[SOLVED] New user with own rights, should only can access to his own directory and processes
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New user with own rights, should only can access to his own directory and processes
I want to realize something. I hope, you can help me. And sorry for my english. I'm from germany.
I want to add an user, which has his own directory and can only access to this directory. He should not be able to use "/etc/init.d/..." or "/var/www/..." or something else. He should have his own directory, like that: "/home/<user>/..."
And there is it him allowed to do all, what root allowed him. This user in my example should be able to run a server (called "Minecraft") with his permissions and he should be able to remove, copy, move and/or edit some files of this server. This server files are all in his own directory (/home/<user>/).
But it isn't allowed him, to edit, create, move and/or delete something of a another direcotry, like "/var/www/" or "/home/root/...".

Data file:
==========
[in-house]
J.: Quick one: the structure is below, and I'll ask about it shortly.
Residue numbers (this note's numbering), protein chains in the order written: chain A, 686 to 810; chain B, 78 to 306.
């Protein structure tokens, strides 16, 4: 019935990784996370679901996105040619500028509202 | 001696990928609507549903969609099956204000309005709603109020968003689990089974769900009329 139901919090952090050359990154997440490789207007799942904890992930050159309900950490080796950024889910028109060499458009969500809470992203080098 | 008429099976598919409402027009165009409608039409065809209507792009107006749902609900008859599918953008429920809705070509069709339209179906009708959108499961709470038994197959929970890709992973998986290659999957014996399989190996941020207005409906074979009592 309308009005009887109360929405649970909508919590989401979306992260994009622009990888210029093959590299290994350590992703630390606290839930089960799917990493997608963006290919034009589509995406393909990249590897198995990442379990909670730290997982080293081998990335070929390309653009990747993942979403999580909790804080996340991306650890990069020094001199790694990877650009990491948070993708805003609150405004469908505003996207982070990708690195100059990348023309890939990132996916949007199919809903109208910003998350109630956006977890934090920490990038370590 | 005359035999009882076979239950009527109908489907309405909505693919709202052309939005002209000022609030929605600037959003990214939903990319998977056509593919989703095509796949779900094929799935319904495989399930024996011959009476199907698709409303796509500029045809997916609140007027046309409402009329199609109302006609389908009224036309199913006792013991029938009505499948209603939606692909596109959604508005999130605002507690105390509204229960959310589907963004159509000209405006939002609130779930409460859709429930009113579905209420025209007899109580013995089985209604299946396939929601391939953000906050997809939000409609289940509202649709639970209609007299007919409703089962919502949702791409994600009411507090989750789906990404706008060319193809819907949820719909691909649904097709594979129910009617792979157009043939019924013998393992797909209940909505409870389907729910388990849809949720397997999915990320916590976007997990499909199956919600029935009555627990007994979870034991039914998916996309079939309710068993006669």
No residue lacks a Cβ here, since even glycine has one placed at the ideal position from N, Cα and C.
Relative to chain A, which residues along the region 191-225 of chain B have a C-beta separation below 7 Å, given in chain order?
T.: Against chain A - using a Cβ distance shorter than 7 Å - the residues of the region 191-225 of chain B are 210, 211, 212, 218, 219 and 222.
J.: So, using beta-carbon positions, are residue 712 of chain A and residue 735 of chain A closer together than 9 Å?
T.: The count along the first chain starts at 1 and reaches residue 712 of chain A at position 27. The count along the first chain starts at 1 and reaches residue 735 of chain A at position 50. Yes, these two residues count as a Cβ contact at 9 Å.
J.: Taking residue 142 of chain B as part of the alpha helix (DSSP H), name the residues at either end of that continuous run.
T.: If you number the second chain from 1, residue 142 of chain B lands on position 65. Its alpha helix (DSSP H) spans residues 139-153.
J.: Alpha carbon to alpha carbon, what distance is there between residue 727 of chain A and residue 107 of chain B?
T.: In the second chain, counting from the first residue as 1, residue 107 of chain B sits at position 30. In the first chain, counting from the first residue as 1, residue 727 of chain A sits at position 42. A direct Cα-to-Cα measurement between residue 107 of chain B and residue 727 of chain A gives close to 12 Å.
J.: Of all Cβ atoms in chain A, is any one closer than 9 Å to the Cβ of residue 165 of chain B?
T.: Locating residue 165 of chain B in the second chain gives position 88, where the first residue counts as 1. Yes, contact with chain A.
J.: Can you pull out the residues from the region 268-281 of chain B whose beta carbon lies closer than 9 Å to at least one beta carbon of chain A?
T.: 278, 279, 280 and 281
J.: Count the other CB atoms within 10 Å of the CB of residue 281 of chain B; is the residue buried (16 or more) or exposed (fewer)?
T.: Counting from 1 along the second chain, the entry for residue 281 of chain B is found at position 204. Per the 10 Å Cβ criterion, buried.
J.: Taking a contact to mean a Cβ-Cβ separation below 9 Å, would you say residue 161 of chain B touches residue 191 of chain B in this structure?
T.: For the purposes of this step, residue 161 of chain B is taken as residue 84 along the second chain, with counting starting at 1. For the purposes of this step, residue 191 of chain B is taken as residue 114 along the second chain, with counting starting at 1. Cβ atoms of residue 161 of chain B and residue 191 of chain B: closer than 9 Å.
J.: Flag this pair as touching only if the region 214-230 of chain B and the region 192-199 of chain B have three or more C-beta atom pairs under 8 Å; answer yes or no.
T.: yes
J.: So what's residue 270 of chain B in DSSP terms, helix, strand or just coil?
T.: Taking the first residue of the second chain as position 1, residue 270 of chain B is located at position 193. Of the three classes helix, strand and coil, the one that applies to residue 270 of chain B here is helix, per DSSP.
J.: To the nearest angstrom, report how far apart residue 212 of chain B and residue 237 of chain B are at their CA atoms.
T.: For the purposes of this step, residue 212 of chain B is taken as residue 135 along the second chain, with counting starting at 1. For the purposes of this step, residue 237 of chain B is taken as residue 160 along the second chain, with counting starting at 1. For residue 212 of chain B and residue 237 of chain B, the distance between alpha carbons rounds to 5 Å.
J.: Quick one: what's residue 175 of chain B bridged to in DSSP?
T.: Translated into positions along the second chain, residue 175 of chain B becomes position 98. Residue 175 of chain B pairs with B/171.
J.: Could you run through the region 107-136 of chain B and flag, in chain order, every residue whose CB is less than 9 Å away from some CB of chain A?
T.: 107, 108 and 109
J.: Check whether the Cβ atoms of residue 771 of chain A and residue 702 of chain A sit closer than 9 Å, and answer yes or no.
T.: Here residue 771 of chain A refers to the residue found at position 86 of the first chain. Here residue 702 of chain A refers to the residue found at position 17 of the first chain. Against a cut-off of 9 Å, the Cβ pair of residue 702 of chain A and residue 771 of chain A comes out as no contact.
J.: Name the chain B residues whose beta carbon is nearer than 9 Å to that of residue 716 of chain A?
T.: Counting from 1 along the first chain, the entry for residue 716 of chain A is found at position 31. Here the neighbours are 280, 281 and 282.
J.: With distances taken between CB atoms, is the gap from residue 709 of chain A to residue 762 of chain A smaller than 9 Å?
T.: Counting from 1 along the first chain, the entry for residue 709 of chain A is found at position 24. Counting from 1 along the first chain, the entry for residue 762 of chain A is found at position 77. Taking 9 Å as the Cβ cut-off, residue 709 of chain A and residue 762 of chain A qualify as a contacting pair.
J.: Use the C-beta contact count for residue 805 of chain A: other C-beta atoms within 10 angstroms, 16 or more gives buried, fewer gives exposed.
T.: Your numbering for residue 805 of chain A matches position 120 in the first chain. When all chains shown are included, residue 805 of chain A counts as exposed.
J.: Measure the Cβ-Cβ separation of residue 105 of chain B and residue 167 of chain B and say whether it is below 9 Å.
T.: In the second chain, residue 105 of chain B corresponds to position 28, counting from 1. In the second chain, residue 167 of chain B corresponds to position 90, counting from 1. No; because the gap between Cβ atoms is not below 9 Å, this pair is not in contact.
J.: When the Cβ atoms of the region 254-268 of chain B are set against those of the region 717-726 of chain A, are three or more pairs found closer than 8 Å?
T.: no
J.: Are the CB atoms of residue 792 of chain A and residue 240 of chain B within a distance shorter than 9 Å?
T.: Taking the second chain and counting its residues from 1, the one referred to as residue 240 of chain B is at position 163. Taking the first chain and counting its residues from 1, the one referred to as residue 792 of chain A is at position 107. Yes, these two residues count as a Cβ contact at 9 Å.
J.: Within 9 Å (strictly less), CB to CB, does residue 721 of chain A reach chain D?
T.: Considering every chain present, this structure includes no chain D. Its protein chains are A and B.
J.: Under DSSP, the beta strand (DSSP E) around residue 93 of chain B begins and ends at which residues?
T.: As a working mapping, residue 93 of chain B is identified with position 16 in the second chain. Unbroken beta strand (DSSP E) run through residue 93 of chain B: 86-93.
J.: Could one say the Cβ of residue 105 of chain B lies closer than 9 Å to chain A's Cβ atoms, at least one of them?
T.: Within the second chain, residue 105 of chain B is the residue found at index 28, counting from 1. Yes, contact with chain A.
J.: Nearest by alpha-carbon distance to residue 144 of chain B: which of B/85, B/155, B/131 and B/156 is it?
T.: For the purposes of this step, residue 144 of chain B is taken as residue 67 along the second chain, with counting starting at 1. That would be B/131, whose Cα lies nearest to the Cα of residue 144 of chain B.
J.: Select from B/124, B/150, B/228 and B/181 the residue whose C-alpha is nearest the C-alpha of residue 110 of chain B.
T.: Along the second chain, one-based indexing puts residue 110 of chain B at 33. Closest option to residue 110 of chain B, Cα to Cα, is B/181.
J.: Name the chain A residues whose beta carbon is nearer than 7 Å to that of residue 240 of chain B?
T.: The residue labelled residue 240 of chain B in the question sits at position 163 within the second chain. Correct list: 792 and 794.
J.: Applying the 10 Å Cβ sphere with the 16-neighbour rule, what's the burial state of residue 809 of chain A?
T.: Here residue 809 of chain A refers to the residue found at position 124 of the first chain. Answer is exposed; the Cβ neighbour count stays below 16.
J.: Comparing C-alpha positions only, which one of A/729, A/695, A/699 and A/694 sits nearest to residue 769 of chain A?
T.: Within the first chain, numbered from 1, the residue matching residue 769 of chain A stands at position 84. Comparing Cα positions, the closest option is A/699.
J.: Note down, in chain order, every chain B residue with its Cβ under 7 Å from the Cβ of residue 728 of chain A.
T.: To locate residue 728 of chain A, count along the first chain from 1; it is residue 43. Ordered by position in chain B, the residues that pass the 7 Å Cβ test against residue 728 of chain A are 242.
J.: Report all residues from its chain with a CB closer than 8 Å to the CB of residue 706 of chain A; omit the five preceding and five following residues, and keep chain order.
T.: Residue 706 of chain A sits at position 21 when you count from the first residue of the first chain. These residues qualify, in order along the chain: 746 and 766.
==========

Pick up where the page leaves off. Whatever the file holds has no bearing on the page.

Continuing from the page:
It isn't him allowed to use the root permissions. And he should be able to login via SSH on the server with his own credentials (username + HIS OWN password).
I hope, somebody can follow me and explain me, how I can create this user like described here.
The user will need to read some system directories such as /bin/, and /etc/ to be able to run programs.
Check the permissions on your server to make sure they aren't too permissive. A regular user can read /etc/init.d/ but not execute the files as root. Check the permissions for "other". Regular users not part of a httpd or www group shouldn't be allowed access to /var/www/.
If the server's filesystem uses the ACL mount option, you could use setfacl to deny this particular user access to files & directories.
You could use ALLOW USERS in /etc/ssh/sshd_config to list the users allowed ssh access. All other users will be denied. This is a quick and easy way to disallow all system users ssh access. Also consider using PUBKEY authentication for SSH.
Please be more specific. Are you saying the user can't edit his own file in his HOME directory? If not list the permissions and ownership of the containing directory (ls -ld <dir>) and of the files the user needs to edit. Consider adding the user to a group, if the directory and file ownerships use the group ownership for this purpose. You could also use setfacl to add permissions for another user or group. You can create a default ACL on the parent directory so new directories and files inherit the ACL.